History, then, with its dialectical Trinity, had chosen Prince Svyatopolk-Mirsky to disillusion the middle class, had propounded revolutionary conclusions which it had compelled Father Gapon to bless, and will cruelly discredit and destroy certain Pharisees and Sadducees of Marxism before it summons the boiling lava of the Judgment. These statements make no sense whatever unless one substitutes for the words history and the dialectic of history the words Providence and God. And this providential power of history is present in all the writing of Trotsky. John Jay Chapman said of Browning that God did duty in his work as noun, verb, adjective, adverb, interjection and preposition, and the same is true of History with Trotsky. Of late, in his solitude and exile, this History, as austere spirit, has seemed actually to stand behind his chair as he writes, encouraging, admonishing, approving, giving him the courage to confound his accusers, who have never seen History's face.

And Wilson quoting Trotsky:
. . . Trotsky, with the contempt and indignation of a prophet, read Martov and his followers out of meeting. "You are pitiful isolated individuals," he cried at this height of the Bolshevik triumph. "You are bankrupt; your role is played out. Go where you belong from now on--into the rubbish-can of history!"


Trotsky Pictures, Images and Photos

Thursday, November 10, 2011

Tomas Transtomer's "From the Thaw of 1966"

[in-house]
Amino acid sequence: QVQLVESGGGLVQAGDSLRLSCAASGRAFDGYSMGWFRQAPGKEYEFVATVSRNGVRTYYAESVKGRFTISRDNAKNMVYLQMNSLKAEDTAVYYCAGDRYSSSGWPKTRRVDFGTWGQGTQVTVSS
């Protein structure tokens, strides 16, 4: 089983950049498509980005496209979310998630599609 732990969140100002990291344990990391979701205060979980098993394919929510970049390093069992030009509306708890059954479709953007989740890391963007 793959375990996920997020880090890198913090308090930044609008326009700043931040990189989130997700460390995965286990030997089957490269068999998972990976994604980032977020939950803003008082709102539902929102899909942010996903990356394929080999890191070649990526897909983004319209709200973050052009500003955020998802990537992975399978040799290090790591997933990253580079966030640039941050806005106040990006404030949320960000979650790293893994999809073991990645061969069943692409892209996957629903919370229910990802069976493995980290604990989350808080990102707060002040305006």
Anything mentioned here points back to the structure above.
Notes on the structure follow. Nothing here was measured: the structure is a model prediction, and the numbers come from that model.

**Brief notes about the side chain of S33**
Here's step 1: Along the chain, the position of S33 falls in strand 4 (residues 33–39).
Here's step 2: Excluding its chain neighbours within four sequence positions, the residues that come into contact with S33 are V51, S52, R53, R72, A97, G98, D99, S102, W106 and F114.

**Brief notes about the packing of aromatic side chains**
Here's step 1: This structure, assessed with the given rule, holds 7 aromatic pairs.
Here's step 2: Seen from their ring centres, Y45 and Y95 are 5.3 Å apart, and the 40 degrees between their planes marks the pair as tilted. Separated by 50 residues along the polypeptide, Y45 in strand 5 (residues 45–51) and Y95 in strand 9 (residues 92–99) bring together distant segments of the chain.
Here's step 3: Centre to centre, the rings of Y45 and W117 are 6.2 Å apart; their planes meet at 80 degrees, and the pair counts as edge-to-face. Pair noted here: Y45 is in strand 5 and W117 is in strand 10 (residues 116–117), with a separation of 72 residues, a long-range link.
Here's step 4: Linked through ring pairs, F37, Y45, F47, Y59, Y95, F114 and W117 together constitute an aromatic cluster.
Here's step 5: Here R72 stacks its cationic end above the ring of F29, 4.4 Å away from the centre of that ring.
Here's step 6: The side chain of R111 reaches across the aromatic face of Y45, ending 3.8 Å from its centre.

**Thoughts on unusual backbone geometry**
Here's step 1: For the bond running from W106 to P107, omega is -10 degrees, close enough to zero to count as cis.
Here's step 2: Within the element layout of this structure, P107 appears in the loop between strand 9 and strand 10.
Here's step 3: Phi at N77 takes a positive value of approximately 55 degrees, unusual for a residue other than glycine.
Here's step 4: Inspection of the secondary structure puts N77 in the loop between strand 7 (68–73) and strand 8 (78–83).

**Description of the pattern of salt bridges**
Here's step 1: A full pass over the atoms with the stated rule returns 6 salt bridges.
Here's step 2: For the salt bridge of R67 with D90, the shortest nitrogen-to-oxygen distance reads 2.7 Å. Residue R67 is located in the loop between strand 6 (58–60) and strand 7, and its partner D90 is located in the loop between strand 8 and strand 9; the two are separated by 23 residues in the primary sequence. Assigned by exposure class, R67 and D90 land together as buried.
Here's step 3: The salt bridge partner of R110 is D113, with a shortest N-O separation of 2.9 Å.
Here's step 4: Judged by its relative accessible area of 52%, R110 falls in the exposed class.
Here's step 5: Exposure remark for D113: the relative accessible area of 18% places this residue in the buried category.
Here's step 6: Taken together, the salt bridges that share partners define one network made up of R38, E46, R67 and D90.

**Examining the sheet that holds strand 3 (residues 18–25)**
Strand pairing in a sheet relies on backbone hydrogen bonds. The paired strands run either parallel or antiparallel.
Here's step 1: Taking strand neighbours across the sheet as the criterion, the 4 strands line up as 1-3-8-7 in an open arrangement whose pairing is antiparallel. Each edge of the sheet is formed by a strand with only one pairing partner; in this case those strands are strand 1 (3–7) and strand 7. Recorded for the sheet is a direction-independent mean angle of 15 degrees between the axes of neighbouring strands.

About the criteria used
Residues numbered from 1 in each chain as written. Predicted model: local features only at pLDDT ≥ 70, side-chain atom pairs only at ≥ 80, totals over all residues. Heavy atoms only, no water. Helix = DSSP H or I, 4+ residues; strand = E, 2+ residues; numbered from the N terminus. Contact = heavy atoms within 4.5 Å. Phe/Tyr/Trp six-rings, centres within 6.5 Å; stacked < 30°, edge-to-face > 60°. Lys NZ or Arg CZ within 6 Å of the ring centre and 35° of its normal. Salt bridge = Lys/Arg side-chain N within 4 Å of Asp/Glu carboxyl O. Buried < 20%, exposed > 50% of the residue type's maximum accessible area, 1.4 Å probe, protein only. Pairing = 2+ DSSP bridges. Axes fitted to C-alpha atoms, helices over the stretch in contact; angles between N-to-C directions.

From the Thaw of 1966

Headlong headlong waters; roaring; old hypnosis.
The river swamps the car cemetery, glitters
behind the masks.
I hold tight to the bridge railing.
The bridge: a big iron bird sailing past death.

[translated by robin fulton]

Wednesday, November 9, 2011

Klee's "Angelus Novus" & Walter Benjamin

angelus novus Pictures, Images and Photos


A Klee drawing named “Angelus Novus” shows an angel looking as though he is about to move away from something he is fixedly contemplating. His eyes are staring, his mouth is open, his wings are spread. This is how one pictures the angel of history. His face is turned toward the past. Where we perceive a chain of events, he sees one single catastrophe that keeps piling ruin upon ruin and hurls it in front of his feet. The angel would like to stay, awaken the dead, and make whole what has been smashed. But a storm is blowing from Paradise; it has got caught in his wings with such violence that the angel can no longer close them. The storm irresistibly propels him into the future to which his back is turned, while the pile of debris before him grows skyward. This storm is what we call progress.

[Walter Benjamin in Theses on the Philosophy of History]




Monday, November 7, 2011

A New Poem in 1110, Issue 2, September 2011

Very cool design (a print journal out of Nottingham, England) and title: 1110 = One Photograph One Story Ten Poems. I have just one "quirky" little poem in the 10: "Full of Time and Still Hungry."